8/7/12 – A glorious day in paradise and perfect weather for weeding in preparation for the forthcoming planting day with Trees for Survival volunteers. Our trusty volunteer, Richard Taylor was the only person who turned up. Chris got to work with his weed eater. Richard and I got to work with our Niwashis. My ears pricked up when I heard a car stop at the top of the hills and doors opening and shutting, only to discover it was a couple collecting firewood. After 2 1/2 hours the area was prepared for the planting day scheduled for 27 July.
Chris and I collected the first trailer load of trees from Takapuna Intermediate on Saturday, 16 June and delivered them to Leigh on Monday morning so they could acclimatize before the scheduled planting day on 27 July.
There are approximately 600 more to collect. They are healthy specimens and considerably taller than the ones planted last year.
This was one of our most successful planting weekends so far, thanks to the sunny, calm weather and the brute strength of 6 enthusiastic Auckland Grammar rowing boys.
The morning of day one was spent clearing weeds and planting on Julie Turner’s property (cnr Tenetahi and Pakiri Rds).
The afternoon was spent shifting plants down to the valley and rolling/bagging Tradescantia.
On day two we returned to the valley and spent another 2 hours planting and filling 9 of the 10 bags.
The boys spent a further 2 hours weeding and planting on the Lees/Scotts property.
Thanks to our volunteers Jo Evans and Sue Gibbings, Richard Taylor, Rupert Harrison, Julie Turner, Dexter, Narvin, Felix, Niklas, Chris and Zeke.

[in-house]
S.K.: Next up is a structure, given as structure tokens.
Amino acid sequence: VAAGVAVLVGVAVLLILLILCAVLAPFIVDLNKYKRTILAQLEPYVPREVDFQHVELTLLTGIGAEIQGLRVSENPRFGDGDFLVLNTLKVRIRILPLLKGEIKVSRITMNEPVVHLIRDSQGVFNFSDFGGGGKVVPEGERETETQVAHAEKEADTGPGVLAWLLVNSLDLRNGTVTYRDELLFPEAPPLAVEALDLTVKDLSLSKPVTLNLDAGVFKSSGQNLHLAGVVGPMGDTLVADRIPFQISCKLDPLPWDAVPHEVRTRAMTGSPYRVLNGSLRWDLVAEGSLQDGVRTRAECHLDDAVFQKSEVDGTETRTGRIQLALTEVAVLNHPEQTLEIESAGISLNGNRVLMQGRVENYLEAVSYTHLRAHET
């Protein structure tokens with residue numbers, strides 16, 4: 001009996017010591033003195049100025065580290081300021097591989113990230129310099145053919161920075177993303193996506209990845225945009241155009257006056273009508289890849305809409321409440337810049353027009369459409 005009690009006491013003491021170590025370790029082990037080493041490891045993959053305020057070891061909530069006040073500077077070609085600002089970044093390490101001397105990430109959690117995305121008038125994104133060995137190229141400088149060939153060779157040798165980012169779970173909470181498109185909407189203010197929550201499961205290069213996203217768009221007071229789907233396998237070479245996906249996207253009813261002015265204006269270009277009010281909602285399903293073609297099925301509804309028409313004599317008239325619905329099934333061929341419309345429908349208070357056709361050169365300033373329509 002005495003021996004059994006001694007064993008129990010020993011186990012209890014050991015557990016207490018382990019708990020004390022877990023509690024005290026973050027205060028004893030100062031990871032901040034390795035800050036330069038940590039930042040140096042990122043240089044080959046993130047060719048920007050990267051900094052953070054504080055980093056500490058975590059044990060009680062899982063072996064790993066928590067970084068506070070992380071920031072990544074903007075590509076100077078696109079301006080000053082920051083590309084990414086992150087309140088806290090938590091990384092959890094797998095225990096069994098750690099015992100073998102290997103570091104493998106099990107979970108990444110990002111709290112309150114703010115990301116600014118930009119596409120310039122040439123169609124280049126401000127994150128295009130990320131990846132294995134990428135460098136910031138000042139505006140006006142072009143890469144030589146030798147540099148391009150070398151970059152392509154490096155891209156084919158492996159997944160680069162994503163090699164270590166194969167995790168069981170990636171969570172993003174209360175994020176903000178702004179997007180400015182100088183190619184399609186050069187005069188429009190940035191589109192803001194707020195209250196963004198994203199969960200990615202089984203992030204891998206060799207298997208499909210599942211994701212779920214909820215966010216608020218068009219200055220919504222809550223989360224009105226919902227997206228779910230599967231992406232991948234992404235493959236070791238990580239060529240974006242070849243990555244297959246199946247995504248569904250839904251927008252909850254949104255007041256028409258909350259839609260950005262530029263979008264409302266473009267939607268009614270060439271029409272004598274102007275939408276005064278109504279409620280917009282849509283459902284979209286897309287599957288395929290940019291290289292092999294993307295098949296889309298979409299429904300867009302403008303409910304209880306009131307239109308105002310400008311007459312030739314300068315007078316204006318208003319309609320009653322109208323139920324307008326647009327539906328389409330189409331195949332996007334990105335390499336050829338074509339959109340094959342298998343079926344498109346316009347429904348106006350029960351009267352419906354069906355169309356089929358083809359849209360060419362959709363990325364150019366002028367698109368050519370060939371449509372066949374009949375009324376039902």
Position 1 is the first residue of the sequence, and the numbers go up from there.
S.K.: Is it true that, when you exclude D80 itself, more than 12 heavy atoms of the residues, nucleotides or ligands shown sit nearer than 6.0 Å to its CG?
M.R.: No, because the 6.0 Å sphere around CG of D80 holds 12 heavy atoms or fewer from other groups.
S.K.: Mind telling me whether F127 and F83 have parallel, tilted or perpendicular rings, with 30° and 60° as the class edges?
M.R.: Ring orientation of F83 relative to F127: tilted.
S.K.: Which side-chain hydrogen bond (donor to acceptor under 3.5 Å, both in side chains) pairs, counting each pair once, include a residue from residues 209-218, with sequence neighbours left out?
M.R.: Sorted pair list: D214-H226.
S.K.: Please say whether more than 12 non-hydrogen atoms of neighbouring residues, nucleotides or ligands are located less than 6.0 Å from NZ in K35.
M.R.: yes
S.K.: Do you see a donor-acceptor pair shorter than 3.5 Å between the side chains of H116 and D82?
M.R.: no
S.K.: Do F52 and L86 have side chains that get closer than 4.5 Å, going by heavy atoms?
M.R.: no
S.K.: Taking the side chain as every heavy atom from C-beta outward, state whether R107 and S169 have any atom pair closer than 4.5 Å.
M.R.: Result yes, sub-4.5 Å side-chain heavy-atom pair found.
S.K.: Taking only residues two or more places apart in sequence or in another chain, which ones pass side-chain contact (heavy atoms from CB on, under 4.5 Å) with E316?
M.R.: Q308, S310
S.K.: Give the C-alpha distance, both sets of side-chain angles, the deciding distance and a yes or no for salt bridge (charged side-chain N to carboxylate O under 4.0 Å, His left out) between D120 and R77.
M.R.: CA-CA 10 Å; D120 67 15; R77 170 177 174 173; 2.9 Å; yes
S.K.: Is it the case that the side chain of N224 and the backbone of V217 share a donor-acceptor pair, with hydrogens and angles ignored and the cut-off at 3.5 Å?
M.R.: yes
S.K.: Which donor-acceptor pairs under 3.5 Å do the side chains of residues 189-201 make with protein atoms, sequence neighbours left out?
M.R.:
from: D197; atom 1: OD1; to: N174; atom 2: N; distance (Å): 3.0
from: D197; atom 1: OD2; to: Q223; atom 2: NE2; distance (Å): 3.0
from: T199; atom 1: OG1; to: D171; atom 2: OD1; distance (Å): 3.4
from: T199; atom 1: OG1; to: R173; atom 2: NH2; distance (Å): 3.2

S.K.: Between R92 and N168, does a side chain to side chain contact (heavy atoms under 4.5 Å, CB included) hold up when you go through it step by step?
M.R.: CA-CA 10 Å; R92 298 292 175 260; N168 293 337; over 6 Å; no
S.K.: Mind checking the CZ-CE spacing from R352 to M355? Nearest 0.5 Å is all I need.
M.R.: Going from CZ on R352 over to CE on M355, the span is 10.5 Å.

Thanks also to the Mums who assisted with preparing meals and to the Lees and Scotts who kindly offered their cottage as accommodation for the volunteers.
Further weeding and spraying was carried out on Monday morning before heading back to Auckland.
Chris and I met with Richard Taylor on Sunday 27/5/12 to carry out some weeding on the wetland area at the corner of Tenetahi and Pakiri Rds which was planted by Ponsonby Intermediate last year.
The plants are doing extremely well, despite competing with kikuya. Chris sprayed at one end of the area while Richard and I released the plants at the other end. After an hour it started to rain so we packed up and headed to the wetland area to position the 5 composting bags in preparation for next weekend’s planting day with Auckland Grammar boys. Richard and I partly filled three bags to secure them and completely filled one. We soon realised we will need to purchase more bags. However, the area certainly looked a lot clearer after just over an hour of weeding.
Spent an hour weeding at the bottom of Tenetahi Rd (the concrete driveway).
Met with Chris Floyd, the QEII representative who carried out an inspection of the covenanted land on our property.
Chris is a lovely chap who shares my passion for weed control and most of his inspection was spent pulling out weeds.
Chris joined us for a late lunch at the brown cottage. Thanks Linda and Allen for your kind hospitality.
I recently came across this photograph taken about 17 years ago in the valley.
It is a reminder of how much progress we have made with planting. The area was previous grazed and, as you can see, Niklas is almost knee deep in kikuya.
Arthur, Tricia and I met with David Wilson from DoC to show him how the Weedbusters funds are being spent. Anita, Emily and I spent 2 1/2 hours in the valley rolling Tradescantia and replacing it with eco-sourced Parataniwha.
The afternoon was spent weeding on our property while Chris replaced the stairs washed away in the slips of early 2011.
If any local residents heard a blood curdling scream, it was me after discovering we have successfully caught our third stoat.
Friday 6/4/12 – Spent several hours with brother Keith dividing and replanting sedges and flaxes on the Dingle’s wetland area. In the afternoon released plants from the kikuyu on Sir Duncan McMullin’s property.